History Lecture #9: From Colonies to Empire

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University of California - Berkeley
Mark Peterson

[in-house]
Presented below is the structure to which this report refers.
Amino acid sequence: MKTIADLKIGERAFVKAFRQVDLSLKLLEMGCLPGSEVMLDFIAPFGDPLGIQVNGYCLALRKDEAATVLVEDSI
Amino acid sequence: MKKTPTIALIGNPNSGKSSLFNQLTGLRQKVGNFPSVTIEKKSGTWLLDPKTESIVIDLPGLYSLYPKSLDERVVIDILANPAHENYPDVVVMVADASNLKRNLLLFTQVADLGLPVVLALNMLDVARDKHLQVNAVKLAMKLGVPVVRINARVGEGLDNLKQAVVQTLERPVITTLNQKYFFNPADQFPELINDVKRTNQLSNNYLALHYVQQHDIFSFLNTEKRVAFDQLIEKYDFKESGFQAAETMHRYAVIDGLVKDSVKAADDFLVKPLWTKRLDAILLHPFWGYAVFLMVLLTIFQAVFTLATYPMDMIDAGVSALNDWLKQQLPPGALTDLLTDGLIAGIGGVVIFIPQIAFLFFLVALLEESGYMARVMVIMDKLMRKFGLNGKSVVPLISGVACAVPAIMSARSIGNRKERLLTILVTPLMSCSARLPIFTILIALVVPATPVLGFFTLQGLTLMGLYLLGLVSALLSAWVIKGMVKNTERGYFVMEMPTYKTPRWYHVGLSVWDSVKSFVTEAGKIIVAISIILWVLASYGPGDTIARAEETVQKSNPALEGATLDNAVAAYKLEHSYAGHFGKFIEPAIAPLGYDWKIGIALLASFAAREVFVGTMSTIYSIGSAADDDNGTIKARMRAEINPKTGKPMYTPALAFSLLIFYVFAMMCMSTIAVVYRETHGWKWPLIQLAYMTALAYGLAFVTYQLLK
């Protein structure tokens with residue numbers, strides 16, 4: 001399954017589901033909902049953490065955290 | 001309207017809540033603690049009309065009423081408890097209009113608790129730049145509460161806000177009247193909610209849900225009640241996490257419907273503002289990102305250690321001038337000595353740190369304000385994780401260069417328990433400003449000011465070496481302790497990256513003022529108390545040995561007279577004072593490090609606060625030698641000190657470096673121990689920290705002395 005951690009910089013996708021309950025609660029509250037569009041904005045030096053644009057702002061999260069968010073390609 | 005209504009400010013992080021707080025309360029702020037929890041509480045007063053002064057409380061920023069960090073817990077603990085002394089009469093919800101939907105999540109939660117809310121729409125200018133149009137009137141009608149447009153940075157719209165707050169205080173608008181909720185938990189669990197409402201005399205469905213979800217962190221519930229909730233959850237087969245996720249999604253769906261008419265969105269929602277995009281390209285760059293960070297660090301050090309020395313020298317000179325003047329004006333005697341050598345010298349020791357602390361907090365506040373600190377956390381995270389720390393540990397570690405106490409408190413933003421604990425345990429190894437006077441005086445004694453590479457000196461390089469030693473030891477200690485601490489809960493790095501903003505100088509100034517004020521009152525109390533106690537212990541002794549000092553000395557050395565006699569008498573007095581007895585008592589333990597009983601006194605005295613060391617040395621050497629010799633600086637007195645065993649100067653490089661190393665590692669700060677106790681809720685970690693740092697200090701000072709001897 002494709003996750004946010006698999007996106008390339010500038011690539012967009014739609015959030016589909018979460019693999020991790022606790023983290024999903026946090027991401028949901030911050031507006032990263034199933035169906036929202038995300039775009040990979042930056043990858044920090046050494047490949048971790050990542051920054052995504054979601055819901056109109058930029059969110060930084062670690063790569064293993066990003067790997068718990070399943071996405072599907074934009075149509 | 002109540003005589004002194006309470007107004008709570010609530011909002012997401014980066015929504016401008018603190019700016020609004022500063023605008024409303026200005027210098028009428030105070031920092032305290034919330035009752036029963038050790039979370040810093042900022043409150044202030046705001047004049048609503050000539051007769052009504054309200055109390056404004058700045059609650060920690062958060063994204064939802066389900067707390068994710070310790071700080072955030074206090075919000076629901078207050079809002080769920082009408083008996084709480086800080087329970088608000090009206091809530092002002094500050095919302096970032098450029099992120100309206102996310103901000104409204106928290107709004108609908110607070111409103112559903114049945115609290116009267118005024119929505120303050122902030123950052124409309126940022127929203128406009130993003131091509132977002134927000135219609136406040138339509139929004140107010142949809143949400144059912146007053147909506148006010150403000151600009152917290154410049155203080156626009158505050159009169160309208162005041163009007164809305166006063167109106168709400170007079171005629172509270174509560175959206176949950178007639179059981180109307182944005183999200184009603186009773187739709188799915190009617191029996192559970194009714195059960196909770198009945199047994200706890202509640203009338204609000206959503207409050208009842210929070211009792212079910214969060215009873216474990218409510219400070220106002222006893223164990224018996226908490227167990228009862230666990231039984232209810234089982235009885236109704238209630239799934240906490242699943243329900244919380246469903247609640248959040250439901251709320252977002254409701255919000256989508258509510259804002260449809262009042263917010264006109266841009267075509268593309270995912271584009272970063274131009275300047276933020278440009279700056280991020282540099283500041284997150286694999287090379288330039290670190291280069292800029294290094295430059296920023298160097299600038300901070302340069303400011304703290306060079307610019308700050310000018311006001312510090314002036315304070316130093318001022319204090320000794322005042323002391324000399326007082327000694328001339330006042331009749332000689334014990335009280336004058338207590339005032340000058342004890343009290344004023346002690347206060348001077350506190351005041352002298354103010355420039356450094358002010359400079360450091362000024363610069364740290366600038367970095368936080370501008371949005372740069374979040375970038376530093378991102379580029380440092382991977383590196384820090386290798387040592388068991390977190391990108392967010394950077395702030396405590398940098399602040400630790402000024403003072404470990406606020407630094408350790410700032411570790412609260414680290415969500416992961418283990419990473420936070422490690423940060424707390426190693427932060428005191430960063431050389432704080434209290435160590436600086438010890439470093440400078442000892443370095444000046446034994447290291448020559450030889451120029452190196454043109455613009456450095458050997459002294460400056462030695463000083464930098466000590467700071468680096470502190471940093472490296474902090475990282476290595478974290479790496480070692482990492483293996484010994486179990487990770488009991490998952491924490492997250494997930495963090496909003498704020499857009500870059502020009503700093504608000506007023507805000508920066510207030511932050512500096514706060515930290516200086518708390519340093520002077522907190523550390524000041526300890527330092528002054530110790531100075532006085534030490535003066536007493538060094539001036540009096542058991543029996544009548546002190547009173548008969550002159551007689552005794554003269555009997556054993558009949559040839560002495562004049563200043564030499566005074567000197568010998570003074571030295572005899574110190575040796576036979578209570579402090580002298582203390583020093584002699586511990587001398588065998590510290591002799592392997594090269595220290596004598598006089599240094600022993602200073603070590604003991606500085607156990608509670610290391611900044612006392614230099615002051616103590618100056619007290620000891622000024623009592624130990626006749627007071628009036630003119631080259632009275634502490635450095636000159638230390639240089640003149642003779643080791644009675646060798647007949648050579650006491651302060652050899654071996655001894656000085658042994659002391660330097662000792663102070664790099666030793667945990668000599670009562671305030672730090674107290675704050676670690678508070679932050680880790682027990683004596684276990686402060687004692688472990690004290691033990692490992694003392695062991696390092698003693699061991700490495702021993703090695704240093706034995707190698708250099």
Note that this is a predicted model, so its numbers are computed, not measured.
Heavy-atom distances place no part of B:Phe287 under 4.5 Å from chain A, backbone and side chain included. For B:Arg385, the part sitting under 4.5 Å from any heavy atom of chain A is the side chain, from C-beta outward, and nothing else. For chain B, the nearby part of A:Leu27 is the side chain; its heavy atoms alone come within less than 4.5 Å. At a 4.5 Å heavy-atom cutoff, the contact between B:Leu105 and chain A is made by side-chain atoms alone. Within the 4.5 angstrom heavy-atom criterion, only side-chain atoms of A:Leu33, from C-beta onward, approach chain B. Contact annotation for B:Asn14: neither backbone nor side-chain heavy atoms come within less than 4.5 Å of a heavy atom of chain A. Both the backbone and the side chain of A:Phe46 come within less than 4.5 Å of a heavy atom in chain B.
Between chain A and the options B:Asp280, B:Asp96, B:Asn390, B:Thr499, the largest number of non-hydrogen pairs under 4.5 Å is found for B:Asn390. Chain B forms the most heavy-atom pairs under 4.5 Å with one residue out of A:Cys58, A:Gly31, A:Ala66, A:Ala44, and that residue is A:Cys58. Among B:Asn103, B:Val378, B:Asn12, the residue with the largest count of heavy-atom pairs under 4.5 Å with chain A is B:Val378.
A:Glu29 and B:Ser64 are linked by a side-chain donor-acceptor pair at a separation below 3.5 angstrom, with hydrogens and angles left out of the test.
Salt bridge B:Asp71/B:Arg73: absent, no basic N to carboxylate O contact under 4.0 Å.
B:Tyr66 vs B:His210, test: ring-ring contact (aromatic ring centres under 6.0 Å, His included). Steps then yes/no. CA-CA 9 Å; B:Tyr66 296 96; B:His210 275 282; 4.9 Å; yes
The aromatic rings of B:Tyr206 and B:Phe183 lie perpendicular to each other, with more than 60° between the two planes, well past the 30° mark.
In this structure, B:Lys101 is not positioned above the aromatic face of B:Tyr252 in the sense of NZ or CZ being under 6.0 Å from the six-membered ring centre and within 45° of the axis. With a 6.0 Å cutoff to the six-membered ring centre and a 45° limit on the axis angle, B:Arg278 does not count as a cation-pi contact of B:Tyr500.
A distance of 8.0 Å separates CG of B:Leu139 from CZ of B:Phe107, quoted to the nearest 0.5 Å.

History Lecture #9: From Colonies to Empire I. Boston’s Imperial Expansion: the Creation of the ‘Nation of New England’ A. New England’s Political Economy and Its Influence on Indian Relations » Modest commodities fuel Boston’s commerce – The farmers of New England had to produce more than they could use to trade with West Indies economies – New England countrysides began to fill up with… » Family farms, towns and the New England landscape – Taking over Native American farmland » Rapid population growth without immigration – doubling every 25 years – Immigration basically stops – Only very tiny numbers of migrants come to New England up until the American revolution – New England population ◊ 1640 – c. 20,000 ◊ 1675 – 50,000 ◊ 1700 – 100,000 – COMPARED TO VIRGINIA: ◊ 1800s – 38,000 ◊ Virginia also had many migrants – Why? ◊ New England settlers brought family, Virginians didn’t ◊ New England had conditions less suited to diseases (too cold, no mosquitoes, less risk of malaria) » Massachusetts hives off new colonies: New Haven, Connecticut, Rhode Island, New Hampshire, Maine – Large population of migrants coming to Boston harbor were quickly becoming too large a population for available farmland in region – Want places where the rivers are better, where the rivers could take them further into the interior – There was a great desire to find land outside of their legal charter, but they didn’t have the right to do that and there was a lot of competition B. Puritans and Indians: High Hopes and Early Failures, or Who is Helping Whom? – People who didn’t like the idea of church being intertwined with state/wanted better farmlands left and settled and create colonies near rivers ◊ Dutch had already built forts and trading regions near the Connecticut River ◊ Dutch already trading with small groups of Indian peoples, and resented the migration of English colonists ◊ Started a war between new English colonies and one specific group of Indians ≈ War over the single commodity of furs (especially beaver) ≈ One of the most fashionable statements was made out of hats made from beavers – high demand for it in Europe/England ≈ Neither British nor Dutch were adept in catching/processing animal furs; dependent on Indians › Gave Indians woven textiles › Metal cooking utensils › Exchanged wampum a. Was an exchanged good that was part of ceremonial and diplomatic relations between Indians b. Couldn’t be used by just anyone, only by leaders c. Associated with certain kinds of people d. Fundamental misunderstanding takes place: the Indians think the English use it the same way they do, whereas the Brits think it’s money e. Massachusetts Bay actually legalizes wampum as money, allowed to pay taxes in wampum ≈ Forced Indians to go further and further to the outskirts of the countryside to harvest these commodities ≈ Plymouth, Massachusetts and Connecticut colonies join together with an Indian colony to attack the Pequot tribe as they were in the way of the British harvesting shells needed to make wampum. They pretty much white the Pequots out » The more the Indians were encouraged to overhunt, the less beavers there were. Then people focused on harvesting wampum – lots of wampum just to buy a single fur (inflation) – Makes wampum illegal as a transaction payment method C. John Eliot and ‘Praying Indians’ » At the point where the New England colony was stabilizing, ministers really start to try converting Indians (most important of these were John Eliot) » Eliot began in the 1640s to conduct missionary work with Indians in the interior – Learns Massachusetts language ◊ Not a written language ◊ Taught it to them ◊ The shocking/disappointing thing to Eliot was that this language was only applicable to the 30ft radius of the area – Translates entire bible in Massachusetts – Extraordinarily intellectual and technical achievement – able to translate, and create (impor
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